Kier has completed the acquisition of public services provider May Gurney and said it had been working closely with the company “to ensure an effective integration of the two businesses”.
Rival Costain bid £178m for May Gurney in March but this was trumped by a £221m bid from Kier.
Of the merger, Kier said in a statement: “We have been focusing on ensuring that the delivery of services to clients by the enlarged group remains unaffected, risk management processes are adopted consistently across the entire business and that the available operational efficiencies are realised in line with the integration plan.”
In April, Kier said the enlarged firm would have revenues of £2.8bn, drawn 41% from services, half from construction and 9% from property. Kier has 10,000 employees, May Gurney 6,000.
Kier Group chief executive Paul Sheffield said: “This gives us a services division that not only has a greater scale, but which has added significant highways maintenance experience, a broader utilities offering and a greater spread of environmental services.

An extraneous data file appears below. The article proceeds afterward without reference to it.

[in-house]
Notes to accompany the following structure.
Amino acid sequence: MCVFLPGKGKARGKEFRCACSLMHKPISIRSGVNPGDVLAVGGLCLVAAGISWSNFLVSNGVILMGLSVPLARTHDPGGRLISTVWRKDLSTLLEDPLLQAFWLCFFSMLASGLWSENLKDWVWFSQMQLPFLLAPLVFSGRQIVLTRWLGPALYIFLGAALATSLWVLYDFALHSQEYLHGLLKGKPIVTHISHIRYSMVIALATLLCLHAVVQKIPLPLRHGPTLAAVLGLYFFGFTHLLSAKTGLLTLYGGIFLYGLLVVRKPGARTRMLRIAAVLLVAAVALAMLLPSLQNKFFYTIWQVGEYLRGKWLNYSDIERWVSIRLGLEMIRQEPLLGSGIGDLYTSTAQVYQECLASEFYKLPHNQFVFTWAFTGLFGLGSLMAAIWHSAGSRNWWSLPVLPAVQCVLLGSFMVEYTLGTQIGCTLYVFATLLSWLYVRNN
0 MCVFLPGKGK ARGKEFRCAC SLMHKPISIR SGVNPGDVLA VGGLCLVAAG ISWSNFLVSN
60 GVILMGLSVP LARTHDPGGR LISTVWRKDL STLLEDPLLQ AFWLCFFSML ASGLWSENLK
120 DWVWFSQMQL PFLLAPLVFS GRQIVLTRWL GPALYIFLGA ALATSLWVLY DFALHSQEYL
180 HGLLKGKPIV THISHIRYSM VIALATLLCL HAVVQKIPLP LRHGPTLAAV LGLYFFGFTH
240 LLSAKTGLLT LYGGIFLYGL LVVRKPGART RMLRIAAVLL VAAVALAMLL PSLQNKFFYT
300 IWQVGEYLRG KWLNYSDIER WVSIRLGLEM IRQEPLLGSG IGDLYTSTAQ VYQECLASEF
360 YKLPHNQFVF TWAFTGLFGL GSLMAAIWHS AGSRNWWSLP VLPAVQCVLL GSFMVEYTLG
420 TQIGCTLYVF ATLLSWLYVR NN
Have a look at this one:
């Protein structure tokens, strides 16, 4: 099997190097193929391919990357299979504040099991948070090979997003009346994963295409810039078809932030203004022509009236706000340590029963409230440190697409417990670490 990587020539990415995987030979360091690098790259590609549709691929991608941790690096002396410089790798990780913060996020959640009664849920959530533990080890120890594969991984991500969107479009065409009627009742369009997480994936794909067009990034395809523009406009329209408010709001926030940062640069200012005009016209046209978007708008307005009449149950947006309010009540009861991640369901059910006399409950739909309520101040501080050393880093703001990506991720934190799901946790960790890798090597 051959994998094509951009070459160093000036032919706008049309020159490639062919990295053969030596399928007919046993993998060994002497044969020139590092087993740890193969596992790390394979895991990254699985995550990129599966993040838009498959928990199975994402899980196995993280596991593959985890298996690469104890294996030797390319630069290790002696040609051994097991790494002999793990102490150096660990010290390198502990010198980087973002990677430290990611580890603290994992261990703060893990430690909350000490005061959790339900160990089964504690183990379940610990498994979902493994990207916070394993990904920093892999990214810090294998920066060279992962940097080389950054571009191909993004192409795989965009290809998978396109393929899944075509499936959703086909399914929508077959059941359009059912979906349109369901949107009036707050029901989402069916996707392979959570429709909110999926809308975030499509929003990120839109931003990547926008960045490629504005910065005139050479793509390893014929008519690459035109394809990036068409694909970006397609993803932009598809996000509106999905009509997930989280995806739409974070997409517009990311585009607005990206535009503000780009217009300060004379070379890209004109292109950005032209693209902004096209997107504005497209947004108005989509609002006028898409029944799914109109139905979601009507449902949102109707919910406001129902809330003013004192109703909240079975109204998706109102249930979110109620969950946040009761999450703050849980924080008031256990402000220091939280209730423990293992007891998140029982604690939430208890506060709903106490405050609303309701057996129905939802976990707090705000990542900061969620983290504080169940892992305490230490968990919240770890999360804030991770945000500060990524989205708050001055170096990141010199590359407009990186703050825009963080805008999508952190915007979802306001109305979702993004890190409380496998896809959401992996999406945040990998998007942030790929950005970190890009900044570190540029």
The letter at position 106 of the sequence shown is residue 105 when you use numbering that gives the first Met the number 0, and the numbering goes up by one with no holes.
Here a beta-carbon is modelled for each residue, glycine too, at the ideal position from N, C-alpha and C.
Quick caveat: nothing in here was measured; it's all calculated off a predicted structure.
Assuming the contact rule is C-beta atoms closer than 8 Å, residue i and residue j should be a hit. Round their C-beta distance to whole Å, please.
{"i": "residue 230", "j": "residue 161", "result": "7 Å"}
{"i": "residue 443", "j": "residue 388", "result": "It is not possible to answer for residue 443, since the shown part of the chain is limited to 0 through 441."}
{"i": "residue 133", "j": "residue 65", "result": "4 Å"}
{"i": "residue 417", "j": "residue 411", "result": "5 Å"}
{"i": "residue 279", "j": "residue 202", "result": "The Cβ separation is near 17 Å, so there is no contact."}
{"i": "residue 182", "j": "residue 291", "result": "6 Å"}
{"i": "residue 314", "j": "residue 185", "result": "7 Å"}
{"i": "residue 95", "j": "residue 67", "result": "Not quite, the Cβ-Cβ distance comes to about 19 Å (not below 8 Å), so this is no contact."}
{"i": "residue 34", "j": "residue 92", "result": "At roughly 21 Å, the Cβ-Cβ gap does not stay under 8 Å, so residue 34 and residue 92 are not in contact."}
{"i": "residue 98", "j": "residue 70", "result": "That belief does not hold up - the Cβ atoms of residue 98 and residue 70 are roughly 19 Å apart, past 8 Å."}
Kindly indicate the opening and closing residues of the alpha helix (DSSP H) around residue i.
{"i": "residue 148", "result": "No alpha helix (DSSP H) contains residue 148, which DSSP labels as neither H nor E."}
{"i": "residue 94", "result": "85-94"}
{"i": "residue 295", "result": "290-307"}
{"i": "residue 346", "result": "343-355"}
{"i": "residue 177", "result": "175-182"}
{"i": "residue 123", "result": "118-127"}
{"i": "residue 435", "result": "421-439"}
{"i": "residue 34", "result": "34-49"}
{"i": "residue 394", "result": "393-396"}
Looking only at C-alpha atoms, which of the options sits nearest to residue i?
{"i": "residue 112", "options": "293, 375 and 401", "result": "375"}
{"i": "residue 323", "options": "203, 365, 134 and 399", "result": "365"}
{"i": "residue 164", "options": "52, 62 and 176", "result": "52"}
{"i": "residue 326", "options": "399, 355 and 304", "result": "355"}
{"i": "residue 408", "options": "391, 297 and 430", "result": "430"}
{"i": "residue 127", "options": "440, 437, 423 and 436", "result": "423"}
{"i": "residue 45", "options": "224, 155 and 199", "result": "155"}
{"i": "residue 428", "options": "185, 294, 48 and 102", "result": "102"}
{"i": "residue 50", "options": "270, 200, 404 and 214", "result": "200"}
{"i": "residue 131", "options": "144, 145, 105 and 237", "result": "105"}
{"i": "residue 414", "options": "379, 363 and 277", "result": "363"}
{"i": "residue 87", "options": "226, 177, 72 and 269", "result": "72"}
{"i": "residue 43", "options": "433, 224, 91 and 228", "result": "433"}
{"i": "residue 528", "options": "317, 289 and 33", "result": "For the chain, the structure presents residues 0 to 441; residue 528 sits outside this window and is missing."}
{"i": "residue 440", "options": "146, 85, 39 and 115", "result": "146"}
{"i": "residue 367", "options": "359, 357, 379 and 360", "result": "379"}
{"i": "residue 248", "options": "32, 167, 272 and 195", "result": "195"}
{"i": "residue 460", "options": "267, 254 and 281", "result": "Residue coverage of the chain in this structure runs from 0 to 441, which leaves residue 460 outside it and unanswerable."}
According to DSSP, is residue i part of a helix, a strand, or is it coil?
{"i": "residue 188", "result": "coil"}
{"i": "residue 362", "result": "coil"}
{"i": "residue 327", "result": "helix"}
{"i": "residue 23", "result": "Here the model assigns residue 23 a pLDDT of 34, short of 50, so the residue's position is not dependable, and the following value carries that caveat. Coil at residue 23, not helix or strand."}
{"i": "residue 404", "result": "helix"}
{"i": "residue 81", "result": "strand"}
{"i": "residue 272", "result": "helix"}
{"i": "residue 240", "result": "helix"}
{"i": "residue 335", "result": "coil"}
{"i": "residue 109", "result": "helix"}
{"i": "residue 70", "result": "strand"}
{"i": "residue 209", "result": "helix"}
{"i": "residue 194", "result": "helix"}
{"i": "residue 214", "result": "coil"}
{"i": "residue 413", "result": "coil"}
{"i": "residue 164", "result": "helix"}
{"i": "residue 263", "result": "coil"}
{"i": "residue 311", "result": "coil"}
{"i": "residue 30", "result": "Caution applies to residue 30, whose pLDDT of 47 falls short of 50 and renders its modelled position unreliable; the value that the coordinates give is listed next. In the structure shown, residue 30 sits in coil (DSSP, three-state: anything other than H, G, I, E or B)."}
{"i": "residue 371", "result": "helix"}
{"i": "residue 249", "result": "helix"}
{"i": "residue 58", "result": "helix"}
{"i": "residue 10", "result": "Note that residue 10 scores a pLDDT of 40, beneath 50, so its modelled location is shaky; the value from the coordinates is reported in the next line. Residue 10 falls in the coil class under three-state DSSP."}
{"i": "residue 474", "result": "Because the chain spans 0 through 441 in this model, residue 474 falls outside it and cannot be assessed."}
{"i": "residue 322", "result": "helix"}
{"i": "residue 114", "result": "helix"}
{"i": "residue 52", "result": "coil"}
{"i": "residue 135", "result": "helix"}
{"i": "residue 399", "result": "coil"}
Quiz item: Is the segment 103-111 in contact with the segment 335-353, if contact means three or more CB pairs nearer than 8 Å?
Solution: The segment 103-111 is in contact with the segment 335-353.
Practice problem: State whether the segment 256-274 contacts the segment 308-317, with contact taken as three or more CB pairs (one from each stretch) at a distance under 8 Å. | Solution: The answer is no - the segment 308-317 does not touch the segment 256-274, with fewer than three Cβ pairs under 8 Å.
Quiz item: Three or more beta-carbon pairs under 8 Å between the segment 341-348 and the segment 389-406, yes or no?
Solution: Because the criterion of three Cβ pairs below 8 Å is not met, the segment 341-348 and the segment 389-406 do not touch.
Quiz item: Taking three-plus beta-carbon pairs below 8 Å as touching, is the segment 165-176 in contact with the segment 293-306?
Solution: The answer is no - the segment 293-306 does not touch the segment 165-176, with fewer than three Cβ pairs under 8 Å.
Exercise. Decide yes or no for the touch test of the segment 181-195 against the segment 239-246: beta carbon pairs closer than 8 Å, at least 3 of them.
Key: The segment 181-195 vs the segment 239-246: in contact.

“Our decision to acquire May Gurney represented a fundamental part of the group strategy to significantly grow and diversify our services business, not only giving us a greater critical mass in this sector but also a more complete offering to a wider range of customers. Now we are better placed in the market to deliver more to existing and new customers.
“Importantly, May Gurney and Kier share similar values which will go a long way towards the successful integration of both businesses.”
- In September 2012 May Gurney issued a profit warning, blaming loss-making kerbside sort collection contracts in Bristol and Chester. May Gurney’s local authority waste contracts are with: Barnet; Bath and North East Somerset; Bridgend; Bristol; Cheshire West and Chester; Essex; Gloucestershire; Hackney; North Yorkshire; Norfolk; North Somerset; Somerset; Torbay; Waltham Forest; West Oxfordshire; and Walsall.